A Universal or Regional Flood?

Question
Was Noah's Flood universal or only regional?
Answer
I personally believe the Bible teaches a world-wide or universal Flood, not a regional one. Though written years after, the only eyewitness account that accurately depicts Creation is the Bible. It also accurately describes what we normally refer to as Noah's Flood.

Noah's Flood: Briefly Evaluating Science

By the grace of God, science has made numerous, and at times incredible, contributions to mankind. However, when it comes to theology and science many times it violates the truth of Scripture; especially on issues such as Creation and Noah's Flood. Often it is dogmatic about a theory only to discover later that it is incorrect. For instance, Carl Sagan's Nuclear Winter. Segan co-authored an article in Science magazine in 1983 essentially stating that a nuclear war would send so many dust particles into the atmosphere of our planet that it would cause climatic change, similar to that which may have ended the existence of dinosaurs. However, seven years later in an 1990 edition of Science magazine, Sagan and his co-authors admitted that their temperature estimates were incorrect. So nuclear winter turned into nuclear autumn.

In addition, we could mention numerous failures, including, but certainly not limited to: Challenger (1986), Chernobyl (1986), the missing computer code that caused Mars Climate Orbiter plunged to oblivion after entering Mars' atmosphere (1999), Y2K (2000), and MTBE (late 70's) which was touted to save the planet from pollution, only to find out that it is one of the worst polluters in our time.

So, while I'm sure the majority of the time they mean well, science can make mistakes, at times even costing lives.

BioLogos states that as an organization it upholds the Christian Faith, however it maintains a heretical view of Creation - evolutionary creation. When evaluating Noah's Flood, they emphatically state:

When discoveries in God's world conflict with interpretations of God's Word, Christians have three options:

  • (1) Abandon our faith in order to accept the results of science
  • (2) Deny the scientific evidence to maintain our interpretations of Scripture
  • (3) Reconsider our interpretations of Scripture in light of the evidence from God's creation [1]

Did you notice the bait and switch? BioLogos places science - though its theories are constantly changing - on the same level as Scripture, which is "the same yesterday, today, and forever" (Heb 13:8)! Why didn't BioLogos, who claims to uphold the Christian Faith, list all the Christian's options? For instance:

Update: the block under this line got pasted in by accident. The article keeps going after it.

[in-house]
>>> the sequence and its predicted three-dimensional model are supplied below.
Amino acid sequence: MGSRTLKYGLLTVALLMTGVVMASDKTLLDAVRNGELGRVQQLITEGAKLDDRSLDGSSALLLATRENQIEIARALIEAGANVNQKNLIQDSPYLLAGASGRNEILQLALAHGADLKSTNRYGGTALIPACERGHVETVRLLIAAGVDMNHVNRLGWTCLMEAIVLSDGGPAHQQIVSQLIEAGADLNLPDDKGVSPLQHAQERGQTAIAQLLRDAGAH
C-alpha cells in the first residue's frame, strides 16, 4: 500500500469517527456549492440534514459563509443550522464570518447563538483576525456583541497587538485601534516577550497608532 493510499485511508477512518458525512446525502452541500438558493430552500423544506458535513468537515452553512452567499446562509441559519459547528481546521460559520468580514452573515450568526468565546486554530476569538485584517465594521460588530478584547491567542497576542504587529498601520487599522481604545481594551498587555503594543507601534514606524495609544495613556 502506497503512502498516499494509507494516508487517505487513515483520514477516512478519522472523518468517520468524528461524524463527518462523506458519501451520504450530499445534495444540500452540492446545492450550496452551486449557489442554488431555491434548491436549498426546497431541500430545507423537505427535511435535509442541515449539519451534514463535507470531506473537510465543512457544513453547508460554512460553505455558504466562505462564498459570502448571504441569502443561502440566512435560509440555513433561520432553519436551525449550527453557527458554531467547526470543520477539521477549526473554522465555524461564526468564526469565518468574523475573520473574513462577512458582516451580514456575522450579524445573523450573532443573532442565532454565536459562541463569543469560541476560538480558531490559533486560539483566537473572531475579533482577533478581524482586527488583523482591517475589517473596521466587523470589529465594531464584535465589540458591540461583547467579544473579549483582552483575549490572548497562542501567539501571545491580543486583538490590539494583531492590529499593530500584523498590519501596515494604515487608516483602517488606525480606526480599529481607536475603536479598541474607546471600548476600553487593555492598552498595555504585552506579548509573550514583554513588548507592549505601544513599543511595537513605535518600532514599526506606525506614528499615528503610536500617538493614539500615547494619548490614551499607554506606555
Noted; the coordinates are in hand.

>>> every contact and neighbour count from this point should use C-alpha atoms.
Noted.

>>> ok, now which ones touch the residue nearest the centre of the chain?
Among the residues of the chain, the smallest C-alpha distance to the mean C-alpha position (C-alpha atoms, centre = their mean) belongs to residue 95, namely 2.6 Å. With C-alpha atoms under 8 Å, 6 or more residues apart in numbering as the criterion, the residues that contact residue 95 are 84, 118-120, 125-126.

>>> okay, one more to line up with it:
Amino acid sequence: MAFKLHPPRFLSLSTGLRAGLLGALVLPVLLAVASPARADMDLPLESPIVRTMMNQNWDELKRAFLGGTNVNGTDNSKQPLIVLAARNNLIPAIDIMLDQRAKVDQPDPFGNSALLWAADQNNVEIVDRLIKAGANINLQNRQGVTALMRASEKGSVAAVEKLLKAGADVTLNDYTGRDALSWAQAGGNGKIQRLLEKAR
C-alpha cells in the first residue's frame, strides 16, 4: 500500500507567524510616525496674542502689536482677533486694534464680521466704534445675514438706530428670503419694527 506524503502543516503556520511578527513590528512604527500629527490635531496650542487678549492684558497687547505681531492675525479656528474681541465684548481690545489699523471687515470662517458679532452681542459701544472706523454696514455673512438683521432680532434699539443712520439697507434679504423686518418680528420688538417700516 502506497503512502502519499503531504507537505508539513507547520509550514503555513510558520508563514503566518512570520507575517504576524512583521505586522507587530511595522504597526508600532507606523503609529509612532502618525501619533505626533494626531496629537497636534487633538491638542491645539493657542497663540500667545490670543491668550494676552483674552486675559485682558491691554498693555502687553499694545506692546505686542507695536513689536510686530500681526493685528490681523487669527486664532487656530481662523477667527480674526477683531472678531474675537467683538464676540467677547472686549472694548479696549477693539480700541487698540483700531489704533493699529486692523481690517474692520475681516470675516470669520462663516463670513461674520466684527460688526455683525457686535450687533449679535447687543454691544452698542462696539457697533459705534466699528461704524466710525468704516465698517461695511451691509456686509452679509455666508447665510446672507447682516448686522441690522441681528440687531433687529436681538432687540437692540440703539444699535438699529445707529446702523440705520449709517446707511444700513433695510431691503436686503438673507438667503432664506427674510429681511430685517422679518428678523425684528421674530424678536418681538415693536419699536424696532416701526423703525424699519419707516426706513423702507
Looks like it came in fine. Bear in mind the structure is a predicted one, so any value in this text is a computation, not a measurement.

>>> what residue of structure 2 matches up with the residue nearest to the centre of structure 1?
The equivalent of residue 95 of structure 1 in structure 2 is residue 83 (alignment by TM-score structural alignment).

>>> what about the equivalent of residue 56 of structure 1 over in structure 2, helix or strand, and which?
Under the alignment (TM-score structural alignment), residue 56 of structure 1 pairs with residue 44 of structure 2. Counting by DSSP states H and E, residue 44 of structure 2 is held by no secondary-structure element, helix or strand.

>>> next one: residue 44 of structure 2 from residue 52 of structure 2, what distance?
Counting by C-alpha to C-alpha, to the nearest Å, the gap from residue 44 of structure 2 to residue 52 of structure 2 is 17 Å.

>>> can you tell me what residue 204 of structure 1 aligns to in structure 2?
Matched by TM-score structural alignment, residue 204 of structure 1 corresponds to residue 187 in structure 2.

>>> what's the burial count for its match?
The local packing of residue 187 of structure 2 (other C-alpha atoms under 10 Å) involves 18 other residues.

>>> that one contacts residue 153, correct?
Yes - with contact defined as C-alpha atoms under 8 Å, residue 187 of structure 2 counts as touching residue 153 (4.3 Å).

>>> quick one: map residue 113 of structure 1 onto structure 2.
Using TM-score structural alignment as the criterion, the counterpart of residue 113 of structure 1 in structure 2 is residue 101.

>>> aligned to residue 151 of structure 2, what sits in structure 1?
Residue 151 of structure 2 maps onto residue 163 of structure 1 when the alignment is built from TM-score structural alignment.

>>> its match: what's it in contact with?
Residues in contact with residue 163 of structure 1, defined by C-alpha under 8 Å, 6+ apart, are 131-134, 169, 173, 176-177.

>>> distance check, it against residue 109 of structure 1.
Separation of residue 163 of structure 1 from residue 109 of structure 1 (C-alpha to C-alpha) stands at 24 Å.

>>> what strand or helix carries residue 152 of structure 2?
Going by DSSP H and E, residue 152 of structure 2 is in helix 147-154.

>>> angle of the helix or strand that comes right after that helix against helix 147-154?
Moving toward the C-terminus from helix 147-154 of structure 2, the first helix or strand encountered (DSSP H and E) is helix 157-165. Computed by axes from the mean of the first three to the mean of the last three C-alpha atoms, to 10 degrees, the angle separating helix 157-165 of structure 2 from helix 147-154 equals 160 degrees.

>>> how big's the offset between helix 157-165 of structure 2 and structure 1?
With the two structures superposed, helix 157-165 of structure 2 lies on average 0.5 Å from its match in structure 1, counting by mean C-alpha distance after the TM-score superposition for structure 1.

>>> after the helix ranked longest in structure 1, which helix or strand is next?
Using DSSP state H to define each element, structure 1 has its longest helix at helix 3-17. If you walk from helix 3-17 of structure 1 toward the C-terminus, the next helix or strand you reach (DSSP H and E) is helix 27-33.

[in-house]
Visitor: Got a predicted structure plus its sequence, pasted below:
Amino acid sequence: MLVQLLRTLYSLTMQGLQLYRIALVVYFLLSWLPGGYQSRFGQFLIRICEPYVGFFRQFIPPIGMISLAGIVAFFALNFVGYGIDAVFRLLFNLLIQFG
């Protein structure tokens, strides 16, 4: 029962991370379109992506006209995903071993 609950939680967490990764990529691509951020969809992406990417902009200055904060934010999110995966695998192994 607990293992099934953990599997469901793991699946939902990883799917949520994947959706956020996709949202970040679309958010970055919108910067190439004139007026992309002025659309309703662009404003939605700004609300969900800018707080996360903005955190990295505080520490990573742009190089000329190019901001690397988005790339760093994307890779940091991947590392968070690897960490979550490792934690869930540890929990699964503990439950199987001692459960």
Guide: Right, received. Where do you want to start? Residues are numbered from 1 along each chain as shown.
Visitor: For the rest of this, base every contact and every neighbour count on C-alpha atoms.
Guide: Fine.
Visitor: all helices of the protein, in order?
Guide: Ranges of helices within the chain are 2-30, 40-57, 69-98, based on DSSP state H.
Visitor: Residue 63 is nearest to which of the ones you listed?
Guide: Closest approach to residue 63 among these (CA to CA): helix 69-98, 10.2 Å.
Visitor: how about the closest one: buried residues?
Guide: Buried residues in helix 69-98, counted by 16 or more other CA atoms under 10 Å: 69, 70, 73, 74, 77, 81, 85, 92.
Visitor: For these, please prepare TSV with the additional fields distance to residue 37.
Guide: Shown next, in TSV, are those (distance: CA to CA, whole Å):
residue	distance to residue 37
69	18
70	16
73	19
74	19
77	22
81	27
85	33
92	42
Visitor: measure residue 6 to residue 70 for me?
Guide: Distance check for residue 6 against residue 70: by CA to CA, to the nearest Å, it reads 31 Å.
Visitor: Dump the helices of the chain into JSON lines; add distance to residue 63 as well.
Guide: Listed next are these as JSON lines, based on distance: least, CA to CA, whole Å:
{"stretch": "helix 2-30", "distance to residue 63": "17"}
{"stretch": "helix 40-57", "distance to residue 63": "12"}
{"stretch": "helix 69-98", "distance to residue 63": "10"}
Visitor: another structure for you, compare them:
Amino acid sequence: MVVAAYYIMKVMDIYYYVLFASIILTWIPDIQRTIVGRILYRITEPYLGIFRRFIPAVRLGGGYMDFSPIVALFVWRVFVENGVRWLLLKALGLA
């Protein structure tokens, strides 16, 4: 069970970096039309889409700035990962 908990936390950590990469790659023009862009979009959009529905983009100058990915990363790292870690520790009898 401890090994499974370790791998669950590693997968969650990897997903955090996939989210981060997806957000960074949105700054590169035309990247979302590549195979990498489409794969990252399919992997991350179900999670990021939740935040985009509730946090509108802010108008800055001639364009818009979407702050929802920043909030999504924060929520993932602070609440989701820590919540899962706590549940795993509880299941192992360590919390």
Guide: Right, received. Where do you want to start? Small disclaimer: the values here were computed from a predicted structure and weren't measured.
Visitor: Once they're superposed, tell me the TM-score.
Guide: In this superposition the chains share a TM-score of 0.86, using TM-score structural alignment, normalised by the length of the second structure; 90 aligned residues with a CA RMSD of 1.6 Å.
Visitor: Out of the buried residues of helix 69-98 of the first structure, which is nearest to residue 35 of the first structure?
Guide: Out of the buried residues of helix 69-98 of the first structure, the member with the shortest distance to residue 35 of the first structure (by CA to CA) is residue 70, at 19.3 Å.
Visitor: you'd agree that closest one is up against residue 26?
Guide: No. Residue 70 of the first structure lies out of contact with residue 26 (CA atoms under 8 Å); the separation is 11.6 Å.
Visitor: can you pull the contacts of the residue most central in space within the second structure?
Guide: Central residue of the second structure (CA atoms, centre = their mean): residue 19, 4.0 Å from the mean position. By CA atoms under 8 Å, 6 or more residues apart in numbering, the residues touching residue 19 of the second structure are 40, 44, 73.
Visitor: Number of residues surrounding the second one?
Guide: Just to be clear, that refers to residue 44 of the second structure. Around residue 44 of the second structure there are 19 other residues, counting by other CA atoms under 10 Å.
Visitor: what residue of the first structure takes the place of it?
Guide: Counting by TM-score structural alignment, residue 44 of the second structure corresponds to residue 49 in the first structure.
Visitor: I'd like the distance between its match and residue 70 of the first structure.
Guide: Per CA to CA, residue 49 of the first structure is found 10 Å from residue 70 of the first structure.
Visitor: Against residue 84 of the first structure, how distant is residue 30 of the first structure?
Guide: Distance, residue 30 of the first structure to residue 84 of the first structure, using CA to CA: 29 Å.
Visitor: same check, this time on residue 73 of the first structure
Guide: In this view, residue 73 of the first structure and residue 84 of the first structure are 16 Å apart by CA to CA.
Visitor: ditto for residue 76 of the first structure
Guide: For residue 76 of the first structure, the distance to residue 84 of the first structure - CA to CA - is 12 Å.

• (4) The Bible is true and accurate. Science is still learning and fallible. Therefore, the Christian should only consider Science when it does not violate the infallible evidence we know from the inerrant Word of God

BioLogos essentially wages war against the Genesis account of creation. Their motivation is clear. Darrel Falk, the president of BioLogos, wrote, "BioLogos exists in no small part to marginalize this view, the belief in the historicity of the Genesis account. ... A fundamental part of our mission is to show that the Genesis account of Adam is not tenable." [2] So, BioLogos does not include getting to the truth concerning issues as part of their mission; just the destruction of the fundamentals of Christianity - the integrity of the very Word of God itself. If truth is not the goal of BioLogos this also discredits those in the scientific community. BioLogos is not a Christian organization, it's a cult; a wolf in sheep's clothing (Matt 7:15).

So, some material from so-called Science + Christian organizations are not credible. They don't even attempt to deal ethically with the issues at hand.

On the other hand, most of the scientific community begin with a wrong premise; they view the world's processes as "primary" causes, not as the "secondary" causes they in fact are. A "second cause" is simply a cause caused by something, rather Someone, else. The Westminster Confession of Faith (5.2, 3) makes this point vividly clear:

ii. Although, in relation to the foreknowledge and decree of God, the first Cause, all things come to pass immutably, and infallibly; yet, by the same providence, He ordereth them to fall out, according to the nature of second causes, either necessarily, freely, or contingently.

iii. God, in His ordinary providence, maketh use of means, yet is free to work without, above, and against them, at His pleasure.

Science as a whole doesn't understand that while God can make use of "means," that he literally created; he is also "free to work without, above, and against them, at his pleasure." In other words, God is not restricted to mere scientific theories. God is not even restricted to time and space - as science is! Science is of course free to examine God's "means," but they also need to recognize that God is not governed by his means; rather he is their Governor.